5 Easy Steps to Set Up a TinkerLab

We talk a lot about setting up tinkering spaces here at TinkerLab, and I’m often asked for advice on how to set up a maker space at home.

There are so many ways to approach this, and we all have different spaces with multiple constraints and possibilities. However, there are some cornerstone tips on how to set up your home TinkerLab® that will work for spaces of all shapes and sizes.

I pulled this nifty graphic together for you, and it’s easy to pin or print. Get your free 8.5″ x 11″ printable version here. O site contém cassinos licenciados para jogar por dinheiro – Classificação de cassinos online no Brasil escolha o seu casino para jogar.
How to set up a TinkerLab at home

More Inspiration

If you’re looking for more ideas on how to set up your tinkering space, the following links are my favorite places to start:

Tinkering Spaces Interview and Tours: Tons of tours of home and school maker spaces

TinkerLab Resources: List of my favorite supplies and furniture for your TinkerLab

How to easily Save and Share Your Child’s Art

How to Set up an Art Cart

The Creative Table Project: How to Set up a Creative Invitation

enroll main

Online Art Classes for Kids

Engaging kids art classes - from the comfort of home! You set up the space, we'll provide the instruction.

tinkerlab studio art classes for kids learn more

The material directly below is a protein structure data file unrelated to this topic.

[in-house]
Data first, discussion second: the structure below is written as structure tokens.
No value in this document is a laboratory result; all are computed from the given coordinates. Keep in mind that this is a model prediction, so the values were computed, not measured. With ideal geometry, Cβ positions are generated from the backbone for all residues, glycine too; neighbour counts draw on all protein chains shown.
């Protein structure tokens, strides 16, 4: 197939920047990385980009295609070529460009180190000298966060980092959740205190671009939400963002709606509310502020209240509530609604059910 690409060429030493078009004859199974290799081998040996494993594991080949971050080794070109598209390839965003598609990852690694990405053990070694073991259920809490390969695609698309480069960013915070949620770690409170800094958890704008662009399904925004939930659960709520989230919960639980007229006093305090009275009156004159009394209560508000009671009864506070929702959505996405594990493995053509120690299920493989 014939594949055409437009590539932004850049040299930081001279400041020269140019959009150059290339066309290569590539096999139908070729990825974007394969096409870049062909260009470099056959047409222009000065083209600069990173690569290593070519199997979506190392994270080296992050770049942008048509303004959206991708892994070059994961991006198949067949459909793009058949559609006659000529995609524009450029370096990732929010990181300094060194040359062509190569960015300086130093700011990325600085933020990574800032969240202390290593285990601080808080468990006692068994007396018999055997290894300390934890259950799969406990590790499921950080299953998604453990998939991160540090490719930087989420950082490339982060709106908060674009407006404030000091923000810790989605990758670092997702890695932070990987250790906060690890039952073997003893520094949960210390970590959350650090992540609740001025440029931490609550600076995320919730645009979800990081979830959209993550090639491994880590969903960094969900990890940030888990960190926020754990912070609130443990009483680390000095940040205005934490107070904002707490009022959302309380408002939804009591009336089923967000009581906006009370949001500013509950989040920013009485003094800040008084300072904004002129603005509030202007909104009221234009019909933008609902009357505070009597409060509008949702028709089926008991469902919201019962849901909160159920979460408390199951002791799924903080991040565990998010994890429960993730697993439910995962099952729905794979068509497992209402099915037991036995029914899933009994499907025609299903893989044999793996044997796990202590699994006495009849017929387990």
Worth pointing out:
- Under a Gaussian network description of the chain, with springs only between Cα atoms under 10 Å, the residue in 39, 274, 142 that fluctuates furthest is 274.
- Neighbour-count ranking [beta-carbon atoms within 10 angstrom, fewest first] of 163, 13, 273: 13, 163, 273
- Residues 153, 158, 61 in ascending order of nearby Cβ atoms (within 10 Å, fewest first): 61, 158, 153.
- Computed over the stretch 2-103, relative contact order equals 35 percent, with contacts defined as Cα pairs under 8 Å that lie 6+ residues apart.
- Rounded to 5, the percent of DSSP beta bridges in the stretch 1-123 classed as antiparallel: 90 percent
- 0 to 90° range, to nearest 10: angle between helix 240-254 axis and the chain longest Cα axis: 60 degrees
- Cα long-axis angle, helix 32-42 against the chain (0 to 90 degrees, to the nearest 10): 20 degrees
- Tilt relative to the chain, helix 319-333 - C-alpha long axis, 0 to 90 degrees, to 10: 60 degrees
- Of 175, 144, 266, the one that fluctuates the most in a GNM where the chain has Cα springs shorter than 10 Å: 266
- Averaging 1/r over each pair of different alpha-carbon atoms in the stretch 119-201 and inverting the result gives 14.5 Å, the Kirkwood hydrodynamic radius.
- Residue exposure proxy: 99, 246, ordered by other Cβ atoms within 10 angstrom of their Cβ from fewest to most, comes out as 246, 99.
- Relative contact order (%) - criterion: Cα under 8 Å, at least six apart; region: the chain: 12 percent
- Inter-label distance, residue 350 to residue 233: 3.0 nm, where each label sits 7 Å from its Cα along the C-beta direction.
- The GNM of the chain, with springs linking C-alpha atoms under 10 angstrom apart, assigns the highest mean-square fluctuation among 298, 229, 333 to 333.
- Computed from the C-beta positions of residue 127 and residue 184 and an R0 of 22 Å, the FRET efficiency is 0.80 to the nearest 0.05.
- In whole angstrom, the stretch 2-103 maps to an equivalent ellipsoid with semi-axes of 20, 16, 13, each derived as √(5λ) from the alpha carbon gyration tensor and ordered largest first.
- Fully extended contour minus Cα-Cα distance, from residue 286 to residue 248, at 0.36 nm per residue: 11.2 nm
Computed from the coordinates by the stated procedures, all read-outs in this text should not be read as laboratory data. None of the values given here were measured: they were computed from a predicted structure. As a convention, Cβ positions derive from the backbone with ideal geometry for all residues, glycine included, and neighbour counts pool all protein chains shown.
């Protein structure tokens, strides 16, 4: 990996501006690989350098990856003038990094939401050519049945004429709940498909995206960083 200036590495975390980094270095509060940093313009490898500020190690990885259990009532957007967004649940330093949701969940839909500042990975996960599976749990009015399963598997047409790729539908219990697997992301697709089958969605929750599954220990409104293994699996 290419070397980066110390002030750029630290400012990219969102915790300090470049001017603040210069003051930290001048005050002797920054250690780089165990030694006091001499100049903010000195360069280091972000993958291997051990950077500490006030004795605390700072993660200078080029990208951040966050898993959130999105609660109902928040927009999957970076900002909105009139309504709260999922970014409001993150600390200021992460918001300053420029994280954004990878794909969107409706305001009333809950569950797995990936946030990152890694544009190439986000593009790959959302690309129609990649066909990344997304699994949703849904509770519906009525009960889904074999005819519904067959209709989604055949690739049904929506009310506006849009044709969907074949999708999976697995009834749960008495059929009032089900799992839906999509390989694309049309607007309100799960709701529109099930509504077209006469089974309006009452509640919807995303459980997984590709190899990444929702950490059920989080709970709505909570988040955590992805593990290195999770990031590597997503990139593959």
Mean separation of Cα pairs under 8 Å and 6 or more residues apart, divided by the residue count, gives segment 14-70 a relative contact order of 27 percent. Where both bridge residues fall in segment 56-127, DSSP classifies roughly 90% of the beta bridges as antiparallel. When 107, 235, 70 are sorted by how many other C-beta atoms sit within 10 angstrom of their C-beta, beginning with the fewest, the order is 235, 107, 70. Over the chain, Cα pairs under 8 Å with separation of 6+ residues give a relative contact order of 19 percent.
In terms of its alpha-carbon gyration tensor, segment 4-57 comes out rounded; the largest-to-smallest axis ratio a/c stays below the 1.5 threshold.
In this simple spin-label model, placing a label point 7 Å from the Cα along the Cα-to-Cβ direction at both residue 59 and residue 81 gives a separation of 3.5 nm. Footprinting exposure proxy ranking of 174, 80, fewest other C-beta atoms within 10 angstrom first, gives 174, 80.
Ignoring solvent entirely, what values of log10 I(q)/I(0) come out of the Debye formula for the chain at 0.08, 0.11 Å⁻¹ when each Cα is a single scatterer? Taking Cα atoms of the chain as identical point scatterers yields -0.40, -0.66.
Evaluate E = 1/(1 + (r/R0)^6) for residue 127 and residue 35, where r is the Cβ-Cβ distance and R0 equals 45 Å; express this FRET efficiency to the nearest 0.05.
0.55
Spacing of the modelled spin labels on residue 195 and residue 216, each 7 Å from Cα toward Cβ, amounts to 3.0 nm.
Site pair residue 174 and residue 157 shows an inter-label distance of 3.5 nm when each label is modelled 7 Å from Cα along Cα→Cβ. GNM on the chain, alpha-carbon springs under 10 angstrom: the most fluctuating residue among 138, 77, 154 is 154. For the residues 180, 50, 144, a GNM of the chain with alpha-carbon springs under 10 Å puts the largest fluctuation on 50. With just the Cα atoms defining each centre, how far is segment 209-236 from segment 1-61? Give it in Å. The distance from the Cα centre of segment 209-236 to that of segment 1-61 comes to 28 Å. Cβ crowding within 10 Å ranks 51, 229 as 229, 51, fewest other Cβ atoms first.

1. Hi Rachelle! I love the whole maker idea and I try to so hard to encourage making in my house. Most of the setting up and encouraging is really something that I can get into because I love that sort of stuff… but here is my question: do you have any suggestions for what to do with the stuff that is made after it’s finished?
    I’m specifically asking about things like sculptures, and 3D things that can’t be hung on the wall. I hang up what I can and we can sort of move through those things around pretty easily, but I don’t feel like I have display space for 3D items, and if I can find somewhere to display it, it seems like it’s just another thing to get dusty in my home, and it’s hard to store for posterity afterward. My kids don’t seem satisfied with the whole taking a photograph thing, especially with the 3D things, because those really take up space in whatever receptacle they are disposed of in and they see them there. We’ve also tried recycling many of the items back into the supplies, but that doesn’t usually work either. To be fair, I have the same problem with many of my own items that I make…. Do you have any suggestions?
    Chrissy from MuseOfTheMorning.com

Comments are closed.